UNICEF raises concerns over violence in Rakhine State

29 May 2019
UNICEF raises concerns over violence in Rakhine State
Arakan Army soldiers. Photo: Arakan Army News and Information Service

Echoing the concerns of UN organisations regarding the escalation of violence and civilian casualties in Rakhine State, UNICEF (United Nations Children's Fund) Myanmar said it ‘ . . . is deeply concerned about reports of killing of children as a result of direct targeting and indirect actions (crossfire, landmines, cluster munitions, improvised explosive devices or other indiscriminate explosive devices), detention and mistreatment of children, as well as the use of schools for military purposes, since the conflict between the Tatmadaw and the Arakan Army intensified in recent months.’

‘Killing and maiming of children is a grave violation of children’s rights. Civilian infrastructures such as schools and hospitals are not places for the military. Their presence puts children, teachers, doctors and other service providers at risk,’ the UN body said in a statement.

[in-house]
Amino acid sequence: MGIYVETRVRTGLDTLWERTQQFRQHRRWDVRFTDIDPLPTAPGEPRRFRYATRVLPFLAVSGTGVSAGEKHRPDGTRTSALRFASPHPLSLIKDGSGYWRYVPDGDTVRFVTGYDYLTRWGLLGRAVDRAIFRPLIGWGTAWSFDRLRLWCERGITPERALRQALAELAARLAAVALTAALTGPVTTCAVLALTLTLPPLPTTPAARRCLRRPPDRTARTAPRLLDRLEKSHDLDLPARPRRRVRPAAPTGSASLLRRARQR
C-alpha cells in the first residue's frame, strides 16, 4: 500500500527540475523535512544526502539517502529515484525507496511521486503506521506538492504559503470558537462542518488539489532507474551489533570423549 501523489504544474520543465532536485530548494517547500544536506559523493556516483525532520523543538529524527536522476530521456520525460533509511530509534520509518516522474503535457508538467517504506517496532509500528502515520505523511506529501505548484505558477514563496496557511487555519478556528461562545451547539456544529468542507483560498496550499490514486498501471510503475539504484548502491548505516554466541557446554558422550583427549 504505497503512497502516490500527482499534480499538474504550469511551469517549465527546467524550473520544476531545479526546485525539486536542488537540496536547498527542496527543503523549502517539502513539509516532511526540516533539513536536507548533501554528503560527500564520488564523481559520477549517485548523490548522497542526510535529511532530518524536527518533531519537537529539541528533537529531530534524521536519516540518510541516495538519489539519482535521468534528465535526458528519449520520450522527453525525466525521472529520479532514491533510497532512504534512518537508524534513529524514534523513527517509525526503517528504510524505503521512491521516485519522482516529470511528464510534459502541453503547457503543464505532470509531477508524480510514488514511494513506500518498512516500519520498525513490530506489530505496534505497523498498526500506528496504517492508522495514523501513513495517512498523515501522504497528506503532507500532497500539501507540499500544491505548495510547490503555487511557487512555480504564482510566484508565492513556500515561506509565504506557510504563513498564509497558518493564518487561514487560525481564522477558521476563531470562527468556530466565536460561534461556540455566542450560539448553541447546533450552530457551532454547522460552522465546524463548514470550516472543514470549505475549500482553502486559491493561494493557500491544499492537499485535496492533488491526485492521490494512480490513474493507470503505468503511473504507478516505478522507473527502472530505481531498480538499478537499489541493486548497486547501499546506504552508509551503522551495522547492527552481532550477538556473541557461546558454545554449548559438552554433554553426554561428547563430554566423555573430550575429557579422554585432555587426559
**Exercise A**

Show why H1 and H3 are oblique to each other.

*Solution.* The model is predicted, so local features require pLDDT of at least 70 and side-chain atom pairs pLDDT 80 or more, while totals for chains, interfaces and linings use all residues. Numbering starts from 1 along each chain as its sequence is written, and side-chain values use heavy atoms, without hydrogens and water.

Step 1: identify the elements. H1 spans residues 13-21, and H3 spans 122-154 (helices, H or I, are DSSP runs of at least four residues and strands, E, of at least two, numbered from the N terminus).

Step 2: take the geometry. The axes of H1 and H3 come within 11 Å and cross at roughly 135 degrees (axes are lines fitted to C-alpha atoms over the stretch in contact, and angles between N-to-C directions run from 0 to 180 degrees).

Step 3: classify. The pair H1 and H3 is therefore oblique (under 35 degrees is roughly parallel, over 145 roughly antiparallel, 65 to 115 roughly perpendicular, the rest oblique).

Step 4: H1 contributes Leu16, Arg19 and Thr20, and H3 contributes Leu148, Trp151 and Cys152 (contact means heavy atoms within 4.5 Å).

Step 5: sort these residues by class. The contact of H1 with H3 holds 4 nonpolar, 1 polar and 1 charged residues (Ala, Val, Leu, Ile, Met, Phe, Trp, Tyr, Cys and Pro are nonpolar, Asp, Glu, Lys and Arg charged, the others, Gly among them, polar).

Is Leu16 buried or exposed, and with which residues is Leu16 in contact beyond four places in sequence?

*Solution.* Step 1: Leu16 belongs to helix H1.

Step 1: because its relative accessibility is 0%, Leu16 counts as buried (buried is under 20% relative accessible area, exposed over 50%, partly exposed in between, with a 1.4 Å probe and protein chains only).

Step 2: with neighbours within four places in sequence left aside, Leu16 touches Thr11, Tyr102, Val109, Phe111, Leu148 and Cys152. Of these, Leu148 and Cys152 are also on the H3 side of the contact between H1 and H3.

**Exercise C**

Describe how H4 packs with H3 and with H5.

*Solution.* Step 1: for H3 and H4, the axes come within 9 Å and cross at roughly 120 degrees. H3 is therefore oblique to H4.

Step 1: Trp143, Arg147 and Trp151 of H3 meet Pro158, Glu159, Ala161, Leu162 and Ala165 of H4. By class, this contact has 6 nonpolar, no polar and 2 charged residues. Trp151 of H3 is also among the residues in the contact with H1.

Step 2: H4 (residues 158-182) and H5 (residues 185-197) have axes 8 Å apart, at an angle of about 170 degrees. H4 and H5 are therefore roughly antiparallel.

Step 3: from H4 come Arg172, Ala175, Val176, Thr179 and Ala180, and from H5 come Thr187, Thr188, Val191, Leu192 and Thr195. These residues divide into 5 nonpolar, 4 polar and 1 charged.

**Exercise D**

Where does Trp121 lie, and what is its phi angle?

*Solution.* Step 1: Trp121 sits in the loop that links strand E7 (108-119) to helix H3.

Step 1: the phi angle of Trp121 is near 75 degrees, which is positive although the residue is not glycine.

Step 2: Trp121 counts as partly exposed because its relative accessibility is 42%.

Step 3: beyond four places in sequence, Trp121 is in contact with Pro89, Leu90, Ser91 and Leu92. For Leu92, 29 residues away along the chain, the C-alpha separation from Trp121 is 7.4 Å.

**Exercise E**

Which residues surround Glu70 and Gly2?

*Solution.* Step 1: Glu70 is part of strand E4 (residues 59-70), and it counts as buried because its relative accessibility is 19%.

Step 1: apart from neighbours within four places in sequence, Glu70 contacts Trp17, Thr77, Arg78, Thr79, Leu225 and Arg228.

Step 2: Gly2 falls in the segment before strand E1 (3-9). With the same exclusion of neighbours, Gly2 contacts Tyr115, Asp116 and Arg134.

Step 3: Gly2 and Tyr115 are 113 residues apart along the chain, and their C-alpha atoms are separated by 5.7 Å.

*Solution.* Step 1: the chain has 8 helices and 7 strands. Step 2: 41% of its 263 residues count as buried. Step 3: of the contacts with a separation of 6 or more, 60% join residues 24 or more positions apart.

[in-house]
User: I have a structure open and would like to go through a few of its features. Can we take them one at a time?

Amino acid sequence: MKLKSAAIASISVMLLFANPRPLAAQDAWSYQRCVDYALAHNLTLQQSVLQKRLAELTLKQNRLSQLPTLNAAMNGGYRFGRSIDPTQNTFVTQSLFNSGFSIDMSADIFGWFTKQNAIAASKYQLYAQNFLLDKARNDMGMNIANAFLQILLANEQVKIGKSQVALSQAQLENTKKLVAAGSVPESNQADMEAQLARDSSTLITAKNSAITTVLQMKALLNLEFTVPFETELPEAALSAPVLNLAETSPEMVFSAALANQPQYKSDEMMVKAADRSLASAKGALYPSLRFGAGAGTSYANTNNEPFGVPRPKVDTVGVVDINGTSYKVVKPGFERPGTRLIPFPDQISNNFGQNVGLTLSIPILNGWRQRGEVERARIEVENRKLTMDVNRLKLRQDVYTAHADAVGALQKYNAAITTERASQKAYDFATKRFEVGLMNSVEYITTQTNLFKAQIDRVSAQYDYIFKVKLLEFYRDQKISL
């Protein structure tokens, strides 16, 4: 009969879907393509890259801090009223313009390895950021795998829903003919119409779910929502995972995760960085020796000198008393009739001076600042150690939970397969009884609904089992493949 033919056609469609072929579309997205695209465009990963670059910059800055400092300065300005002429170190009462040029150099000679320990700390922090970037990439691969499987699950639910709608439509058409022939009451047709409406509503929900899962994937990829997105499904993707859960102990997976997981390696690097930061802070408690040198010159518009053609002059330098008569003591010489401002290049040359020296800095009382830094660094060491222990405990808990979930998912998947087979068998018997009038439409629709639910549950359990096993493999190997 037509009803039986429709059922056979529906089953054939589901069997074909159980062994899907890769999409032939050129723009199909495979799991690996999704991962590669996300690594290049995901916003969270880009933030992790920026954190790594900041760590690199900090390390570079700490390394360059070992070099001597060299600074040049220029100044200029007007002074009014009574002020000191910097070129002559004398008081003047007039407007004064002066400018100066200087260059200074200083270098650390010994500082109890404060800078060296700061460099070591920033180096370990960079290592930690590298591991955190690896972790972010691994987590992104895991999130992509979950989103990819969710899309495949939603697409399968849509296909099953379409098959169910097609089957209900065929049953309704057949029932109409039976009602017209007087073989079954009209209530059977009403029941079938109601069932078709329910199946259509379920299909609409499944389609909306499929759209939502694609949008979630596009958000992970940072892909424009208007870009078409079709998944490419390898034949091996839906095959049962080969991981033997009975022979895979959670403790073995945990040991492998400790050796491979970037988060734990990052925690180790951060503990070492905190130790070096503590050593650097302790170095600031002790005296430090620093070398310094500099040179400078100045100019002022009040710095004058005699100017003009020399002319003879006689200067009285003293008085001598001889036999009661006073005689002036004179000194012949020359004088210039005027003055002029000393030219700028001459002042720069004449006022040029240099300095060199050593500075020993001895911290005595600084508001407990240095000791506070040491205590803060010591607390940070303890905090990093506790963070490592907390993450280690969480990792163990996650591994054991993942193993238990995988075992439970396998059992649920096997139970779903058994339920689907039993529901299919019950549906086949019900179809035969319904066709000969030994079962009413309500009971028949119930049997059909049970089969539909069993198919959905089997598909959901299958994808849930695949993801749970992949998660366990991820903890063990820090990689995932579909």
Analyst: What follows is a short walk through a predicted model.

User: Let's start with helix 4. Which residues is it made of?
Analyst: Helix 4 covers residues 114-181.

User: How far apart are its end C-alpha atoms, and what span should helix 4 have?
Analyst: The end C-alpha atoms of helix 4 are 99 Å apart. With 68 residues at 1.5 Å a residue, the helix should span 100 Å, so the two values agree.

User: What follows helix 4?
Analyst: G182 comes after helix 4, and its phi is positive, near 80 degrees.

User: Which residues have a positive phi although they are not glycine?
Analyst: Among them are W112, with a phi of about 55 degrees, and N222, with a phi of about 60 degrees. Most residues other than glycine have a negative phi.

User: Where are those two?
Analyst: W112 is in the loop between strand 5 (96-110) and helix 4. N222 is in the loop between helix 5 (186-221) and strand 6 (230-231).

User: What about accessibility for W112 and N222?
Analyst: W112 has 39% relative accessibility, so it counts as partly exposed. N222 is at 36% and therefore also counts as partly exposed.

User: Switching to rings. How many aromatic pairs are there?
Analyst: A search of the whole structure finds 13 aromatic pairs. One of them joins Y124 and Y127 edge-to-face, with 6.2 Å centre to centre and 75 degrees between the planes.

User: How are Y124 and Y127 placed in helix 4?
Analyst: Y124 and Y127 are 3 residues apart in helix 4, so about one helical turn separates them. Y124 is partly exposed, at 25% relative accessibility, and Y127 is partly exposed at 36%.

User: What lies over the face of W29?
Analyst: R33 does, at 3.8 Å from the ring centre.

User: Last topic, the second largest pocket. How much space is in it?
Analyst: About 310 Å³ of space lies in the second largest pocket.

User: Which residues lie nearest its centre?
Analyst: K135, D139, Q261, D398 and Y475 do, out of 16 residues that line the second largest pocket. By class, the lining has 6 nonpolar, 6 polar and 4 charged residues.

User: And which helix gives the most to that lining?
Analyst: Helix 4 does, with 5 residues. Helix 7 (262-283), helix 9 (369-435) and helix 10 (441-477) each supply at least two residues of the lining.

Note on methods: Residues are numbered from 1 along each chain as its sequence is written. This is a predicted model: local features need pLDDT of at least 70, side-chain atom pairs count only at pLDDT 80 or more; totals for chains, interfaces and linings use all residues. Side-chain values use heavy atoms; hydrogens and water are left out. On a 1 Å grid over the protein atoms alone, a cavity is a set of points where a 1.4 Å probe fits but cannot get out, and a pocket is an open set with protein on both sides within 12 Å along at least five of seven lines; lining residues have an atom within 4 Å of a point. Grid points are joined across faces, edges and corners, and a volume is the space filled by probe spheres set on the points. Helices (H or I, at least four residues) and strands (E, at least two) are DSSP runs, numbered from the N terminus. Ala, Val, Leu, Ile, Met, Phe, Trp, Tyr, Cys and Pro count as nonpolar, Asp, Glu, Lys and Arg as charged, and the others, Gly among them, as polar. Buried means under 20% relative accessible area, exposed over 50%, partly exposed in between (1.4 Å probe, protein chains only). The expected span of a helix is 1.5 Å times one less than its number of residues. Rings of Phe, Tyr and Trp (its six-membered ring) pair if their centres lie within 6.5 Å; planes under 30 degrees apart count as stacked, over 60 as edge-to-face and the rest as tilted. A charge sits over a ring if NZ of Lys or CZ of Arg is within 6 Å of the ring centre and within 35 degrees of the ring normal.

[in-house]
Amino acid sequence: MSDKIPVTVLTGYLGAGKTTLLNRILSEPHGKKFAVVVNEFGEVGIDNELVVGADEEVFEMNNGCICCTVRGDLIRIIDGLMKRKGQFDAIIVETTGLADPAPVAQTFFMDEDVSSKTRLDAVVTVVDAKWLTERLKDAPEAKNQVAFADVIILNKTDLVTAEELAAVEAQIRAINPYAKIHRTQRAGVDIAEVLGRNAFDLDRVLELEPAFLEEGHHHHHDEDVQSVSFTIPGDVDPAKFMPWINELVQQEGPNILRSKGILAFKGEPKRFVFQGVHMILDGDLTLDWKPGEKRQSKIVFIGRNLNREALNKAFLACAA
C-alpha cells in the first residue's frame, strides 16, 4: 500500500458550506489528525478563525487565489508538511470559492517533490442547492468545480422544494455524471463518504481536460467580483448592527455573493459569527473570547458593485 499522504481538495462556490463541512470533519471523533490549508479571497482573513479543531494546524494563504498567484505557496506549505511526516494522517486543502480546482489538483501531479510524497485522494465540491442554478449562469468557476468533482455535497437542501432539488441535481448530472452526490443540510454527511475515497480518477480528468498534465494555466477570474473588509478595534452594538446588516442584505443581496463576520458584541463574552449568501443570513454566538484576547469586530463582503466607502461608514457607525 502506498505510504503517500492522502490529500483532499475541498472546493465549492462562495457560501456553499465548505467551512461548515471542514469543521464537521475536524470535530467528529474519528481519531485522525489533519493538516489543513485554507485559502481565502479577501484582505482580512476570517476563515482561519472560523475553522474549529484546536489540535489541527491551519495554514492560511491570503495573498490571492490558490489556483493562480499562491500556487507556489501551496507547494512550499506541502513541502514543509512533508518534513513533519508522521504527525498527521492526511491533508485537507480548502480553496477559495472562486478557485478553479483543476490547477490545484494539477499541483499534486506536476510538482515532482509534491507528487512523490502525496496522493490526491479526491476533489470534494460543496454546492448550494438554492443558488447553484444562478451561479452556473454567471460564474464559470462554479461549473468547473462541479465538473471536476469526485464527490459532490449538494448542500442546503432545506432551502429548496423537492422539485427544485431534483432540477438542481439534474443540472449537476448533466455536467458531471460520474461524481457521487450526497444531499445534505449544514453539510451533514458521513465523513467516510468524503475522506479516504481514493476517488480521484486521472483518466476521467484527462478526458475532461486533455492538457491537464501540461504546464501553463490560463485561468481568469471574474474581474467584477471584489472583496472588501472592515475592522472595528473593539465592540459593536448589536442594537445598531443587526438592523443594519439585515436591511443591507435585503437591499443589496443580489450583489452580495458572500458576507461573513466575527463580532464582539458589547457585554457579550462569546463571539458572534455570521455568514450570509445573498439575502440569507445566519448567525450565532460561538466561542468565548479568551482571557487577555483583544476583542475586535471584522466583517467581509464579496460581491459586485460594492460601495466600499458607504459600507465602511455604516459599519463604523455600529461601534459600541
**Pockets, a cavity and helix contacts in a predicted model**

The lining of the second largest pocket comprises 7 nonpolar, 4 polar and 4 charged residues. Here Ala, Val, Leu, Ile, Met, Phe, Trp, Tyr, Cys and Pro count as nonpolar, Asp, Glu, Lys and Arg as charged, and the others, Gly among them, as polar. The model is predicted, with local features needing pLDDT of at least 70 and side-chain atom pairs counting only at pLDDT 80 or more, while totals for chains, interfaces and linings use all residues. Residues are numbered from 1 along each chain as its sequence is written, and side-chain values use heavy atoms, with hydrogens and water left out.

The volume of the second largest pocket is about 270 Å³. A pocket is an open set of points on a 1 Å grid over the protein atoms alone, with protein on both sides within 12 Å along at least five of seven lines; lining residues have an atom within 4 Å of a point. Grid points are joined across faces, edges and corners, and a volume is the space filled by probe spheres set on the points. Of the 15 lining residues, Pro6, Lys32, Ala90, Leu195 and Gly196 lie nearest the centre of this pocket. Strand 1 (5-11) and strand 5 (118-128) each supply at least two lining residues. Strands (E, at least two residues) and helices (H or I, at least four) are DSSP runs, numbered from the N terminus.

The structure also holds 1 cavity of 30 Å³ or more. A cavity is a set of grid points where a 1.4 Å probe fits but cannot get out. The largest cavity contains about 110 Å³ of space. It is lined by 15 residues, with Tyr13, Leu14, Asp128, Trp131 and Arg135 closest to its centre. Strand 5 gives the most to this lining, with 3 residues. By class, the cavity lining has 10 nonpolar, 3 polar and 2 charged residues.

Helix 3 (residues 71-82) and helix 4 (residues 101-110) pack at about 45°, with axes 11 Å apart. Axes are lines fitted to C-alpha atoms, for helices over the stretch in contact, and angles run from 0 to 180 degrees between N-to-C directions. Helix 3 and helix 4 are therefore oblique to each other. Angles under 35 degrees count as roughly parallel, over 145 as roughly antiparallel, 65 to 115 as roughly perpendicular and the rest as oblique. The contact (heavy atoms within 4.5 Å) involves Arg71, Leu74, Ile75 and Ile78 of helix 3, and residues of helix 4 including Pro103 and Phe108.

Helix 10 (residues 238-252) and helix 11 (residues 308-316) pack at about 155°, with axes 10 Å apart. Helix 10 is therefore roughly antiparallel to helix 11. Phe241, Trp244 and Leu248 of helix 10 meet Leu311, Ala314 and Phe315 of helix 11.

‘UNICEF urges all parties to the conflict to ensure the safety of children caught up in conflict, and to uphold their right to protection from all forms of violence at all times. UNICEF calls for children to have access to psychosocial support and mine risk education in schools and communities in all conflict-affected areas. We also call on all parties to protect civilian facilities against the impact of conflict.

UNICEF is working with partners to provide assistance to all children in need as quickly as possible, wherever possible. Along with providing life-saving services, UNICEF has pre-positioned essential learning packages, school kits, and recreational kits in UNICEF and Government warehouses in Rakhine State.

UNICEF is also working with partners across Rakhine State to provide much-needed counselling, psychosocial support, and information on the risks of mines to thousands of children, youth and caregivers affected by the conflict. But we need unfettered and predictable access in order to scale up our work so that all children across Rakhine, receive the life-saving assistance, education, care and special protection they need.’